Daniel Hannan is an MEP for South-East England, and a journalist, author and broadcaster. His most recent book is What Next: How to Get the Best from Brexit.

As recently as two years ago, the news that Derek Hatton had been readmitted to Labour on the day that seven moderate MPs were forced out would have been seen as proof of Jeremy Corbyn’s utter unelectability. Labour began its journey back to office when Neil Kinnock expelled the Liverpool agitator in 1986. It took another decade, and two more changes of leader, to convince voters that Labour had truly turned its back on communism. But, all of a sudden, we have plunged back down the rabbit hole.

Welcome to the Mad Hatton’s Labour Party. Luciana Berger, whom almost everyone seems to recognise as an amiable sort and a diligent constituency MP, has been driven out by anti-semitic abuse. At the same time, Labour is happy to embrace a man who declared in 2012 that “Jewish people with any sense of humanity need to start speaking out publicly against the ruthless murdering being carried out by Israel!”

Then again, why shouldn’t the old Trotskyist be readmitted? Labour these days is largely led by Trots – although, for reasons that continue to baffle analysts, voters don’t seem to mind any more. Jeremy Corbyn is every bit as left-wing as Michael Foot was, but lacks his predecessor’s charm, intellect and rhetorical ability. More seriously, the Absolute Boy lacks Foot’s patriotism. Foot was one of the few Leftists of his generation who never fell, even fleetingly, for either Mussolini or Stalin. A Leveller at heart, he saw continental authoritarianism as alien to Britain’s radical tradition. Corbyn, by contrast, has yet to come across an anti-British tyrant he doesn’t excuse.

When Leopoldo Galtieri invaded the Falkland Islands, Foot realised that a short victorious war would all but guarantee Margaret Thatcher’s re-election, but he did what he saw as his duty and supported the decision to despatch a military task force. Not so his party’s newly-selected Islington candidate – Corby -, who opposed the war on principle. You might think Argentina’s junta would have been precisely the sort of regime that Corbyn loathed, a military dictatorship that murdered trade union leaders and locked up Left-wing activists. But, no, any distaste he may have felt for one of the few regimes in the world that arguably deserved the favourite Leftist epithet “fascist” was trumped by his conviction that Britain is always and everywhere in the wrong.

Corbyn has not changed a whit during his 36 years in Parliament. But the electorate evidently has. Back in 1983, opposition to Nato and to the nuclear deterrent were seen as disqualifications for office. Now, Labour is led by a man who didn’t just oppose Nato when it counted, but who regrets the outcome of the Cold War. Yet the party is roughly level-pegging in the polls.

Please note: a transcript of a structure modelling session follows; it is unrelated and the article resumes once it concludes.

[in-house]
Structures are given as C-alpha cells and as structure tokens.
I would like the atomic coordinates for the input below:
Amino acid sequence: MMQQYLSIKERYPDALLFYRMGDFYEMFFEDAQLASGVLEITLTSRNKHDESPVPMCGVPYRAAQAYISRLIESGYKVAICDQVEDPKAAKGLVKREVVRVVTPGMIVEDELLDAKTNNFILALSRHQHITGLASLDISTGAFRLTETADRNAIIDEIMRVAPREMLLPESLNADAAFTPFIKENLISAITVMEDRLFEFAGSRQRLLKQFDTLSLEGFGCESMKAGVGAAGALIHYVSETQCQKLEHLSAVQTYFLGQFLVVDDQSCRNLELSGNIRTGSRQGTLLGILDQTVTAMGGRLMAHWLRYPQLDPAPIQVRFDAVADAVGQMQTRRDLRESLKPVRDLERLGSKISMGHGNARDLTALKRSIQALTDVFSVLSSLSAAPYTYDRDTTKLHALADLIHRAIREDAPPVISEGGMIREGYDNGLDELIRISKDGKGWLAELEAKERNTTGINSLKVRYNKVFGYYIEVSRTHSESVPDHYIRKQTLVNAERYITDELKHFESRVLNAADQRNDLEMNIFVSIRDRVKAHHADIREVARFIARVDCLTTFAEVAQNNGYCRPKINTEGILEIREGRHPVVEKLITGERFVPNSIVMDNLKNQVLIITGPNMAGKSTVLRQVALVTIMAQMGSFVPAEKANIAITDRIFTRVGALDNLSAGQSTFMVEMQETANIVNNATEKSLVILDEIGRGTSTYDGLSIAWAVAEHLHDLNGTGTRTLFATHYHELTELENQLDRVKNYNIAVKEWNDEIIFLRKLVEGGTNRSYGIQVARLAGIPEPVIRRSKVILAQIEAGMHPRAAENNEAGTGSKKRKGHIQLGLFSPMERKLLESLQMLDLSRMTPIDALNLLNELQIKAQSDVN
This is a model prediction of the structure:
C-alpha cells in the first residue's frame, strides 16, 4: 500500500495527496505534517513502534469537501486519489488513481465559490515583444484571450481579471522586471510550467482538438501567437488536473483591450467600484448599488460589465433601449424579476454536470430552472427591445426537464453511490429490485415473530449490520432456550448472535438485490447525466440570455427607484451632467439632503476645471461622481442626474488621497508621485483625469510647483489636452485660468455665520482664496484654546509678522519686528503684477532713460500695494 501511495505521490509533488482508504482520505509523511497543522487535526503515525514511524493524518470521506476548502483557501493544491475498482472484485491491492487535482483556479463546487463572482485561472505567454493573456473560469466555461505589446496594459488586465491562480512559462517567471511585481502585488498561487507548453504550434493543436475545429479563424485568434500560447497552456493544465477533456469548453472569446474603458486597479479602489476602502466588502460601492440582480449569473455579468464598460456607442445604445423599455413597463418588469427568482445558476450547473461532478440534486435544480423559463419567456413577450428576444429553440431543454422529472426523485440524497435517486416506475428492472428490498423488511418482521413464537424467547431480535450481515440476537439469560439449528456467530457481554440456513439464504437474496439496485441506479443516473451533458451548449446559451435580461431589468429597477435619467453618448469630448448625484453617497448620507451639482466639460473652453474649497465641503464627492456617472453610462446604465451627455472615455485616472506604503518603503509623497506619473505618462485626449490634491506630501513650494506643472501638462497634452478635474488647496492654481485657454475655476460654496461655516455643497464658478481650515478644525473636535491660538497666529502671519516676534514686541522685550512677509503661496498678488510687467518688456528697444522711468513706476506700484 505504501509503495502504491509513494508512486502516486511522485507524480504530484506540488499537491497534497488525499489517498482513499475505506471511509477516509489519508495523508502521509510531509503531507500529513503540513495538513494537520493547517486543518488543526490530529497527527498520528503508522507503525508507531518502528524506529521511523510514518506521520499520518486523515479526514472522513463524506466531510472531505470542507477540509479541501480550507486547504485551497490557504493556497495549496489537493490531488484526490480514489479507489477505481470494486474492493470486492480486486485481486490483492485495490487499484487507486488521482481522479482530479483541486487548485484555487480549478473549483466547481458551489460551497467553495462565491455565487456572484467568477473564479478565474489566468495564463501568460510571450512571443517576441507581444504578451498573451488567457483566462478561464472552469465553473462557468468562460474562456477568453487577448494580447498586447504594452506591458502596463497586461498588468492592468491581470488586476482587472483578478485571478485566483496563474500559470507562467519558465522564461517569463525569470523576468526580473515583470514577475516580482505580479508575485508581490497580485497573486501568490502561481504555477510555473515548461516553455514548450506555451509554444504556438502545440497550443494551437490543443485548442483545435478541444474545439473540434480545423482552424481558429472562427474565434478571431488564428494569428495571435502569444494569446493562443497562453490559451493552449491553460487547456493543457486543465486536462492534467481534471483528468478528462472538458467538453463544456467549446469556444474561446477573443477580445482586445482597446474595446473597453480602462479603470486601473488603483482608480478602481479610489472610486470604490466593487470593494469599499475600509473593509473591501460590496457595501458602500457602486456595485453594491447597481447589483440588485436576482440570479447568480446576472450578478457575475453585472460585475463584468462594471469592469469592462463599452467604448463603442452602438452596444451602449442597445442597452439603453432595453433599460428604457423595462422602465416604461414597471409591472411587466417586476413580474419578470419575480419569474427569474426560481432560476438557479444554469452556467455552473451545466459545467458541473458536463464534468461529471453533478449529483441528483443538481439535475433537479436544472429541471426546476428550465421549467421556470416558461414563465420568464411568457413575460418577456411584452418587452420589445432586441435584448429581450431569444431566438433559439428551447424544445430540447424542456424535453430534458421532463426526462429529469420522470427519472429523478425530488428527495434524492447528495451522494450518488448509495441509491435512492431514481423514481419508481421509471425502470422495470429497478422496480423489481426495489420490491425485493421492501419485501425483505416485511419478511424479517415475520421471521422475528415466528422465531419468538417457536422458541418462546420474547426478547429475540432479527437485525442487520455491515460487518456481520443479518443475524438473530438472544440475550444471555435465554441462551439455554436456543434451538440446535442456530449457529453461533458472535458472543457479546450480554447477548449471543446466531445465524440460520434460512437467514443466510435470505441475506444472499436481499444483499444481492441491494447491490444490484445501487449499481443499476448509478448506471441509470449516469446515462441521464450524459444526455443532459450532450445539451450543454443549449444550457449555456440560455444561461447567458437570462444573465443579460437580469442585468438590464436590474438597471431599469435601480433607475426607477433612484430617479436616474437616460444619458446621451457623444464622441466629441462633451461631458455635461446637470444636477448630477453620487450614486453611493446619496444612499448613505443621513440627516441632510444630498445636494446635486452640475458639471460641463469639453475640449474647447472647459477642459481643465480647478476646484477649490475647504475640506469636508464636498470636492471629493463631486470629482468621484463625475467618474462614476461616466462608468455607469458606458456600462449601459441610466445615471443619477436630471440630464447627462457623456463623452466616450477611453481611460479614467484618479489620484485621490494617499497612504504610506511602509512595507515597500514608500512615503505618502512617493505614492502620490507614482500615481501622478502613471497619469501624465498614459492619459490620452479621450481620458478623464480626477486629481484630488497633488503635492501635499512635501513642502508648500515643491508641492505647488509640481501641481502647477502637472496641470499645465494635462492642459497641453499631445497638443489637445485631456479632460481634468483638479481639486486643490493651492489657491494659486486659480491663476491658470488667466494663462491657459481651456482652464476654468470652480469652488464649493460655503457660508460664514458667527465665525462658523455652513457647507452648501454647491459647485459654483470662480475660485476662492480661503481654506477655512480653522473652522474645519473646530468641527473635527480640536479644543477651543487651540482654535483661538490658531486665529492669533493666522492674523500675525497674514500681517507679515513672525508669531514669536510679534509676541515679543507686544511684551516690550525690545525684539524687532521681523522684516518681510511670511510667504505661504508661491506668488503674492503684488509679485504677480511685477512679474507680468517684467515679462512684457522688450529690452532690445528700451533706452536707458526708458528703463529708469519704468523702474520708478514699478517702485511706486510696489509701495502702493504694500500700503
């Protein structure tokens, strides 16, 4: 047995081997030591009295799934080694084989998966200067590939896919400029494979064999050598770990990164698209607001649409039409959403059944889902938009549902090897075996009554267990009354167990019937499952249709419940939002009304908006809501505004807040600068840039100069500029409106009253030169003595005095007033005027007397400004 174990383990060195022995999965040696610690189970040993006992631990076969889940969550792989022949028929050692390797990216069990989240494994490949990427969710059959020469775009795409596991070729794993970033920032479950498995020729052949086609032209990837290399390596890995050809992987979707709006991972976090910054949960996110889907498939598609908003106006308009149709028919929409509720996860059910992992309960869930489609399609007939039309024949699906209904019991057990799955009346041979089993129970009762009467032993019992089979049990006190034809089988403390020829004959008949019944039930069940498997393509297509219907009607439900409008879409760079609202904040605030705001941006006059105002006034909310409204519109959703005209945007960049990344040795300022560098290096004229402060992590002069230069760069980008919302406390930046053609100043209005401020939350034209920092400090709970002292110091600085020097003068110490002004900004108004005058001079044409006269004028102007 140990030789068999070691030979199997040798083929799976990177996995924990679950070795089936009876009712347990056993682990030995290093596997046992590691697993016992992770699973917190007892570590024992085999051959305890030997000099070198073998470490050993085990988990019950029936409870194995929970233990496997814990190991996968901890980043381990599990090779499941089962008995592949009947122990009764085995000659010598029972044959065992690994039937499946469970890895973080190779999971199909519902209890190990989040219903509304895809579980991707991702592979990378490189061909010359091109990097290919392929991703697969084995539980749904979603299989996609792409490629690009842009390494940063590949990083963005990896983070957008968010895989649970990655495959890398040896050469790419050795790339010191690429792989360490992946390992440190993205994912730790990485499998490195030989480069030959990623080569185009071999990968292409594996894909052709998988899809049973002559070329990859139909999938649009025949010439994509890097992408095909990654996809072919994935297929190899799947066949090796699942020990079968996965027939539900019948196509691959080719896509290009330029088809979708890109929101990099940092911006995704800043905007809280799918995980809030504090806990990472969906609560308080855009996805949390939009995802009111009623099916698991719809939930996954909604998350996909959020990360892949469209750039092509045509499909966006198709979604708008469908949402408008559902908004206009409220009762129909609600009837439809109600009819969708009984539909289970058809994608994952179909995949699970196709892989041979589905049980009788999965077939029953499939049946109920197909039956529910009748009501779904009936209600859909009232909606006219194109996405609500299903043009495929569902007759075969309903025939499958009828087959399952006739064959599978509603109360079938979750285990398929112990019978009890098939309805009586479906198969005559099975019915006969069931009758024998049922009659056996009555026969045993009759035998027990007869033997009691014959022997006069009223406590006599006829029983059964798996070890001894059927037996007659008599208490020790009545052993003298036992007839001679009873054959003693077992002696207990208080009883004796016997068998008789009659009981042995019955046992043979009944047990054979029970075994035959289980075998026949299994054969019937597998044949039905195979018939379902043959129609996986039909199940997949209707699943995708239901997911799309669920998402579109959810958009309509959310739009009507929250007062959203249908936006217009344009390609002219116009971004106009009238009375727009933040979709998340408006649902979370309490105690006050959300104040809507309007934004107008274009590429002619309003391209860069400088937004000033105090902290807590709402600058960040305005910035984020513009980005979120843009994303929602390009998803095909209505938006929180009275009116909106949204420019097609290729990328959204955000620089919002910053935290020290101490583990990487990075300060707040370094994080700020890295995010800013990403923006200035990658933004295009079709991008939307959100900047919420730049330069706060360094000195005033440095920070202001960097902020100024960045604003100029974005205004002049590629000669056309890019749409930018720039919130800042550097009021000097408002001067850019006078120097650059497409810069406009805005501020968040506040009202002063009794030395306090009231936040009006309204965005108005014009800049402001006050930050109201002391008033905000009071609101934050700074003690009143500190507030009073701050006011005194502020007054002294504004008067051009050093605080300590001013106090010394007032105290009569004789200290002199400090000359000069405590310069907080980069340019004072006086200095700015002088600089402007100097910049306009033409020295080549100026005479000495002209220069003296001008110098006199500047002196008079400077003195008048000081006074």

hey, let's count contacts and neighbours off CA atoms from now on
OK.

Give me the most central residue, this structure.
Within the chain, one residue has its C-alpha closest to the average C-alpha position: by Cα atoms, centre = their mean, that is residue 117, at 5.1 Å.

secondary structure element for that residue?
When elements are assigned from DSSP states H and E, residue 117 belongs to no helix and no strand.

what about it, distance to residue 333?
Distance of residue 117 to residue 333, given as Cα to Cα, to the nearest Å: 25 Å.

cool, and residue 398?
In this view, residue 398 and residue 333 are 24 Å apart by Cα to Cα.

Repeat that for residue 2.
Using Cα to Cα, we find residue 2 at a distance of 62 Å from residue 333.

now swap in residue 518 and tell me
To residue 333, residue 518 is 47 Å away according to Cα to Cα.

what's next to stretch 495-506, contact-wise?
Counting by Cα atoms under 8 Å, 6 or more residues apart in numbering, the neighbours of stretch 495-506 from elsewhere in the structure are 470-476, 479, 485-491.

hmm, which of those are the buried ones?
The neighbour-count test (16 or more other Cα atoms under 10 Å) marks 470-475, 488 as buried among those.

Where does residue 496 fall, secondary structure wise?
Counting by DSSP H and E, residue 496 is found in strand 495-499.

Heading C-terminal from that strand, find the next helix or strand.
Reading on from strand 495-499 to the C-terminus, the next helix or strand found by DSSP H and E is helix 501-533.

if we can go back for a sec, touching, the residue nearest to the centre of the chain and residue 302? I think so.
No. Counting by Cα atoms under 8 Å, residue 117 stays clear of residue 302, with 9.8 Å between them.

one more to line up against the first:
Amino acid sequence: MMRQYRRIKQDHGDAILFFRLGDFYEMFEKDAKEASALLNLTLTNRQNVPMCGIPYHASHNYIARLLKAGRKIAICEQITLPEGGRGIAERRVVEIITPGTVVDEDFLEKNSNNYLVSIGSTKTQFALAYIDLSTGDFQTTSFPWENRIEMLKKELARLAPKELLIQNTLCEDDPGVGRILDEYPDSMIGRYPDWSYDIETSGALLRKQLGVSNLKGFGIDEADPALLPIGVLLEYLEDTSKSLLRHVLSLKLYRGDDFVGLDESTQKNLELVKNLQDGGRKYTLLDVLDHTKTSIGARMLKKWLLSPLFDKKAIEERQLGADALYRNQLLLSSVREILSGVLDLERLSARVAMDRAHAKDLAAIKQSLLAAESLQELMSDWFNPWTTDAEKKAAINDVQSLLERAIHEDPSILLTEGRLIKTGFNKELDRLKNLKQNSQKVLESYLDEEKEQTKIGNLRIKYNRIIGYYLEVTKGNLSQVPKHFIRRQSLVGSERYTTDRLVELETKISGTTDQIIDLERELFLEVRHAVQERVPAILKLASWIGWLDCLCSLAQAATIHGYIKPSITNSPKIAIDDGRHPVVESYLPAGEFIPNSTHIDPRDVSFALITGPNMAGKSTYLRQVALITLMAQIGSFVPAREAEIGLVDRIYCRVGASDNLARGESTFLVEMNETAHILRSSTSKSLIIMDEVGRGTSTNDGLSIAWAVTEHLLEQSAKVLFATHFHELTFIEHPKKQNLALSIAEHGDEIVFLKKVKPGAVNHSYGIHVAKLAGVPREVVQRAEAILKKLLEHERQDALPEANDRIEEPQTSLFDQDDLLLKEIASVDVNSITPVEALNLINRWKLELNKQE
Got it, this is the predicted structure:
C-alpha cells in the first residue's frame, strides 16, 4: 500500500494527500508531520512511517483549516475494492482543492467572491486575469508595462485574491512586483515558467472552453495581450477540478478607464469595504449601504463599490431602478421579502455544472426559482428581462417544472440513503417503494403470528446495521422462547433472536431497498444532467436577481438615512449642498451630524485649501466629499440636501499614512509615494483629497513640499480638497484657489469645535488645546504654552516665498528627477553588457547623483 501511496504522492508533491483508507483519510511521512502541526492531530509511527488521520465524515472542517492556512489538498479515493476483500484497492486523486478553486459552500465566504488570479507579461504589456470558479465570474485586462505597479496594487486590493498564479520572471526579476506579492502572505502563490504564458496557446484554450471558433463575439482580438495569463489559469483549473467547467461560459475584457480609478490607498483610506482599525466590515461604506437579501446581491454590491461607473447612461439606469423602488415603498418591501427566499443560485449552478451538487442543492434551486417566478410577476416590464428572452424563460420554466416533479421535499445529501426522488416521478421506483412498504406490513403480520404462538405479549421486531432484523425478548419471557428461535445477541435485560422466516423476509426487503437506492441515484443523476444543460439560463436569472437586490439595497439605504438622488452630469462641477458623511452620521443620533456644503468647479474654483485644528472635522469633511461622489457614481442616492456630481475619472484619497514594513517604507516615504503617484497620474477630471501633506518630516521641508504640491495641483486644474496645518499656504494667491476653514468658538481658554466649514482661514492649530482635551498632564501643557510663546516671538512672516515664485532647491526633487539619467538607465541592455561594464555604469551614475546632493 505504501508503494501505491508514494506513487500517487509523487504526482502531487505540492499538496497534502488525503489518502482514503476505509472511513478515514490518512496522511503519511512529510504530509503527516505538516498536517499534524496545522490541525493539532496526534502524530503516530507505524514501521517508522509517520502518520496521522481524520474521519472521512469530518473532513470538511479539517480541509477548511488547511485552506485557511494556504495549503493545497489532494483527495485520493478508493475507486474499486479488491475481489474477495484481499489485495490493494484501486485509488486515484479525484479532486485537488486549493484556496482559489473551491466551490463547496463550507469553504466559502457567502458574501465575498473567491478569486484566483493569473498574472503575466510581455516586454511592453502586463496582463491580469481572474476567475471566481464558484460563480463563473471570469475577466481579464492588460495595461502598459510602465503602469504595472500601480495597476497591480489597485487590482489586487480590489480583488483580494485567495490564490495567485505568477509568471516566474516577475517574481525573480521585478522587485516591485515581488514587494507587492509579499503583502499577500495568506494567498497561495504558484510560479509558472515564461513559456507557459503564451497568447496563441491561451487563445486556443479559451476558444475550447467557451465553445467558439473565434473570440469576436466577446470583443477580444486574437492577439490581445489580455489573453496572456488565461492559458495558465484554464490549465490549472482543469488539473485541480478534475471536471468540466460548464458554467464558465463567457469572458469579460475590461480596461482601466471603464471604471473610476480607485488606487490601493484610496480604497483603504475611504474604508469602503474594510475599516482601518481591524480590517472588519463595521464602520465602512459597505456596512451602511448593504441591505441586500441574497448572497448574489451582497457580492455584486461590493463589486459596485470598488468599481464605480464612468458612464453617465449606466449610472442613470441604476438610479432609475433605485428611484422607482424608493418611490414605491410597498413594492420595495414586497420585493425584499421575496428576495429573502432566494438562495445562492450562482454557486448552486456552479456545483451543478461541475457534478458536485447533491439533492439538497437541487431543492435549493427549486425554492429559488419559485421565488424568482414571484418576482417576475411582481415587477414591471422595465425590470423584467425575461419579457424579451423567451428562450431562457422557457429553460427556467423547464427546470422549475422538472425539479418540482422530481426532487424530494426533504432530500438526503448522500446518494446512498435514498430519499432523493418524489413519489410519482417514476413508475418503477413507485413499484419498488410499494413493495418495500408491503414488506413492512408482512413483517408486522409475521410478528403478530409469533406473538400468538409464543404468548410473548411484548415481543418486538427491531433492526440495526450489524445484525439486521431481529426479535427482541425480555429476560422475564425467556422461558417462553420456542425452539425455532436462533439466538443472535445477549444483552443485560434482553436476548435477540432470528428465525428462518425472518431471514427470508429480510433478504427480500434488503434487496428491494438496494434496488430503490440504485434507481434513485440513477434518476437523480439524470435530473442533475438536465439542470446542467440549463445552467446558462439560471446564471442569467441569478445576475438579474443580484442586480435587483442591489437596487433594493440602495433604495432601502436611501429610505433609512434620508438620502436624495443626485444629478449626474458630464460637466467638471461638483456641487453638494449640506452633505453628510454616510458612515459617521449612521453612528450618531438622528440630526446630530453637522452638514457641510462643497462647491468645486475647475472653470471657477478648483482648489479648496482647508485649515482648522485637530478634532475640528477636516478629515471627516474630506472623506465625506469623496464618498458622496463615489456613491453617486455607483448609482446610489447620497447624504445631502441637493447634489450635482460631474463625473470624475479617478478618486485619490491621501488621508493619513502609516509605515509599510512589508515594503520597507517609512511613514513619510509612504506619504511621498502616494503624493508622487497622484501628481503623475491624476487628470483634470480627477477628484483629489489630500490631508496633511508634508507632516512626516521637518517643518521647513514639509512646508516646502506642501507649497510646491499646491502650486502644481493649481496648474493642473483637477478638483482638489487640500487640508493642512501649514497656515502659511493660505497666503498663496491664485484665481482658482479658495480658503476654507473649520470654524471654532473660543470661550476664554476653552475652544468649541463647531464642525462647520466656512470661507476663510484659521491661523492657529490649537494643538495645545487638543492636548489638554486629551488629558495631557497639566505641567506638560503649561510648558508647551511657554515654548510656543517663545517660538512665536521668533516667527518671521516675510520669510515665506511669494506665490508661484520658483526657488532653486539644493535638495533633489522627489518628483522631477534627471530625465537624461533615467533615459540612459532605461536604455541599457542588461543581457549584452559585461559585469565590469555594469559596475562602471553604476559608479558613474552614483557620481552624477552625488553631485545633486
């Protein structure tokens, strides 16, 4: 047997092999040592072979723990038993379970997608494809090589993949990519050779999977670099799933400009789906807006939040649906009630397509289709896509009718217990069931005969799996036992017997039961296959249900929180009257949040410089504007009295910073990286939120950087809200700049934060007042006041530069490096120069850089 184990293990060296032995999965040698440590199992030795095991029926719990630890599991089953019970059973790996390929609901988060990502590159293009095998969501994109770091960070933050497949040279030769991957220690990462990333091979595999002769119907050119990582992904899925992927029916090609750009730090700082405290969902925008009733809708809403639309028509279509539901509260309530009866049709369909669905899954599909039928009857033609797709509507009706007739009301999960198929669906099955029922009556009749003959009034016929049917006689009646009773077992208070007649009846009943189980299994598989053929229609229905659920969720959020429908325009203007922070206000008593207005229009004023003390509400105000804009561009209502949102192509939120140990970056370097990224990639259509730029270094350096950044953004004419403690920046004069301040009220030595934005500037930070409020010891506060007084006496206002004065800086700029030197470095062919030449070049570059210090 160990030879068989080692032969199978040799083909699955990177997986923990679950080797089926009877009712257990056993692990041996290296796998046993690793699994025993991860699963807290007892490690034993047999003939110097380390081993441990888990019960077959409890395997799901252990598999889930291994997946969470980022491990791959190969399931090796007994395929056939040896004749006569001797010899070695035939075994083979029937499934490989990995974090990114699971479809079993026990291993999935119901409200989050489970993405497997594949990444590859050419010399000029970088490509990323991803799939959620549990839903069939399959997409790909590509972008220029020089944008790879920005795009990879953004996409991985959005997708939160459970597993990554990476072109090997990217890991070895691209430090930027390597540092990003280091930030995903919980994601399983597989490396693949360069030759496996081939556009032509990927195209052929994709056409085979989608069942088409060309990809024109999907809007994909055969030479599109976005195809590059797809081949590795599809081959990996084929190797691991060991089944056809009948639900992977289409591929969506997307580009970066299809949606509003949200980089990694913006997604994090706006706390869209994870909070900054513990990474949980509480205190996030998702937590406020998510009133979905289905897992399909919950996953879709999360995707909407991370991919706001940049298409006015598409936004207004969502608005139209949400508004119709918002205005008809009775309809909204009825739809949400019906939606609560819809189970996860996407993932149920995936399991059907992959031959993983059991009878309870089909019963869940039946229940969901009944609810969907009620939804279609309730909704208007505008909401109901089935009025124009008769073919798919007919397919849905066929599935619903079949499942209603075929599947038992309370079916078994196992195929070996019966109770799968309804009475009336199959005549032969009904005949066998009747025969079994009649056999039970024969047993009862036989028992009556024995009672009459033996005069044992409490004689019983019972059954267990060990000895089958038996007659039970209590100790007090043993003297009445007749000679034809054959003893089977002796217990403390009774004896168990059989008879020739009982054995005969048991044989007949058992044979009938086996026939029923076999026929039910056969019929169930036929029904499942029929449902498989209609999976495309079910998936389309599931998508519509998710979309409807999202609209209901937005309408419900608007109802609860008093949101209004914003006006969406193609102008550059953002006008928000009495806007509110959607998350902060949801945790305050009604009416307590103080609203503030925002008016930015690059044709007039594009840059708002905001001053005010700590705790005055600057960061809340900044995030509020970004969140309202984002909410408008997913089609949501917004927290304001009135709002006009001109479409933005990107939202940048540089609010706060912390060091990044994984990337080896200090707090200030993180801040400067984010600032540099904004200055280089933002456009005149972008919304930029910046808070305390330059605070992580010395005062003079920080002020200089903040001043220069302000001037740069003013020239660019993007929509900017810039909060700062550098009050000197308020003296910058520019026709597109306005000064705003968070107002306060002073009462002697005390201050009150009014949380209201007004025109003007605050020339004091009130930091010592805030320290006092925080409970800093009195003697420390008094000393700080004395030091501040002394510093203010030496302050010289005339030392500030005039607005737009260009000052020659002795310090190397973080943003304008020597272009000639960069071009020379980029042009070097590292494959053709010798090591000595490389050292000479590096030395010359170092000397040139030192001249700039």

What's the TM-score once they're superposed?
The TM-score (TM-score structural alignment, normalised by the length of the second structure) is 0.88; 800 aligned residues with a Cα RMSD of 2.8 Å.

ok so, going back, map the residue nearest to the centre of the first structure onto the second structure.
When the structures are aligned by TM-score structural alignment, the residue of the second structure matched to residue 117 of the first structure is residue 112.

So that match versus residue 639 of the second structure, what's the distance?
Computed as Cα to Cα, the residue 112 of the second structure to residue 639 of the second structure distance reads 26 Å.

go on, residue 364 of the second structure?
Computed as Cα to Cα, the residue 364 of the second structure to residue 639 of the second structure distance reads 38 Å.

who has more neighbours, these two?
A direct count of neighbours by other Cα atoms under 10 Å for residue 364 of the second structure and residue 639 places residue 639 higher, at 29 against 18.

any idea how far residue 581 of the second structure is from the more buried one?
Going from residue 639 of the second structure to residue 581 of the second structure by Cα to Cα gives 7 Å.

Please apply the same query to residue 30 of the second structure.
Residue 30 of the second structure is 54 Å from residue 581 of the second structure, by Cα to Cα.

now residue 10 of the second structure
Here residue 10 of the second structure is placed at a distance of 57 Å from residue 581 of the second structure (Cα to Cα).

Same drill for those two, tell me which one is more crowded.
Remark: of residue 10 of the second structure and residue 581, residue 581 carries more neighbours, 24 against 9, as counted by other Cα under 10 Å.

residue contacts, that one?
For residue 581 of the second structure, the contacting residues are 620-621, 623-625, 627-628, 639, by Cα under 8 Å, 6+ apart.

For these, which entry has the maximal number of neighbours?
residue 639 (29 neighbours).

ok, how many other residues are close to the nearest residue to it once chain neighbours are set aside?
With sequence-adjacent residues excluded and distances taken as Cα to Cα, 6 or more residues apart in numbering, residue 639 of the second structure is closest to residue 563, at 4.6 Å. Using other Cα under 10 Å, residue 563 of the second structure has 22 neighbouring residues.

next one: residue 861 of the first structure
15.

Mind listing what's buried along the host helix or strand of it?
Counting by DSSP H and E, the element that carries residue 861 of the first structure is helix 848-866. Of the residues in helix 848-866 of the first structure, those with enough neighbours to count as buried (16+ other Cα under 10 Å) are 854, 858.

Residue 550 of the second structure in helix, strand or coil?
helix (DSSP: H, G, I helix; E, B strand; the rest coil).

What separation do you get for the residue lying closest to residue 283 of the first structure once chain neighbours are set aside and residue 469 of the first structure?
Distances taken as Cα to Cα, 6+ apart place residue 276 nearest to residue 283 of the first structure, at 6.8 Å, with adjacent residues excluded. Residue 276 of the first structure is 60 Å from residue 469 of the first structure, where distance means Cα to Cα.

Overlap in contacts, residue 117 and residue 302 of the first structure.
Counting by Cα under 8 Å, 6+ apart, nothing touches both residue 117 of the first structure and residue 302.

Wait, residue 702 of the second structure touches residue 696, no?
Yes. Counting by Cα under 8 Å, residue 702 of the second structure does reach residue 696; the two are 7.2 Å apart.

Back in the early 1980s, the sense that Labour had become too extreme created space for a third party. The SDP came as close to breaking the Labour/Tory duopoly as anyone has over the past 80 years. Monday’s breakaway, by contrast, was underwhelming. The number of rebels – seven – was smaller than expected. Around 30 Labour MPs had been mulling a split – though, frankly, even that is a paltry number when we consider that 172 Labour MPs passed a no confidence vote in their leader as recently as June 2016.

The seven lack a unifying theme. They don’t like Corbyn, don’t like anti-semitism and don’t like Brexit. Fine. But is that really the basis for a new mass movement? Only the third of these causes has popular energy behind it, but the breakaways’ call for a second referendum has already been undermined by their refusal to follow the Carswell/Reckless precedent and recontest their seats in by-elections (on grounds, hilariously, that more elections would “cause uncertainty”). An opinion poll yesterday showed putative support for a centrist anti-Brexit party at eight per cent.

Psephologists argue about whether the SDP truly kept the Tories in office in 1983. Although the raw figures suggest that the new party took many more votes from Labour than from the Conservatives, we should not assume that the former Labour voters would otherwise have voted for Michael Foot. To do so may well be to confuse cause and consequence. The SDP came into existence at a time when many Labour voters were already feeling disfranchised.

Is the same true today? In a few cases, yes. Most obviously, many Jewish Labour voters have abandoned the party. A handful of Europhiles have also walked away. But what we might have expected to be the single largest bloc – the mass of traditional Labour voters who are looking for a party that is pro-tax-and-spend, but is also tough on crime, patriotic in foreign policy and sceptical about identity politics – has so far stuck with the party. And, as long as those voters do so, most Labour MPs will do the same, letting “I dare not” wait upon “I would” like the poor cat i’the adage.

The Gang of Four caused a split. The Gang of Eight have caused only a splinter. The agonies of Labour moderates are set to continue. And their worst fear – that Corbyn might win – remains real. That is their tragedy. I hope to God it doesn’t become Britain’s.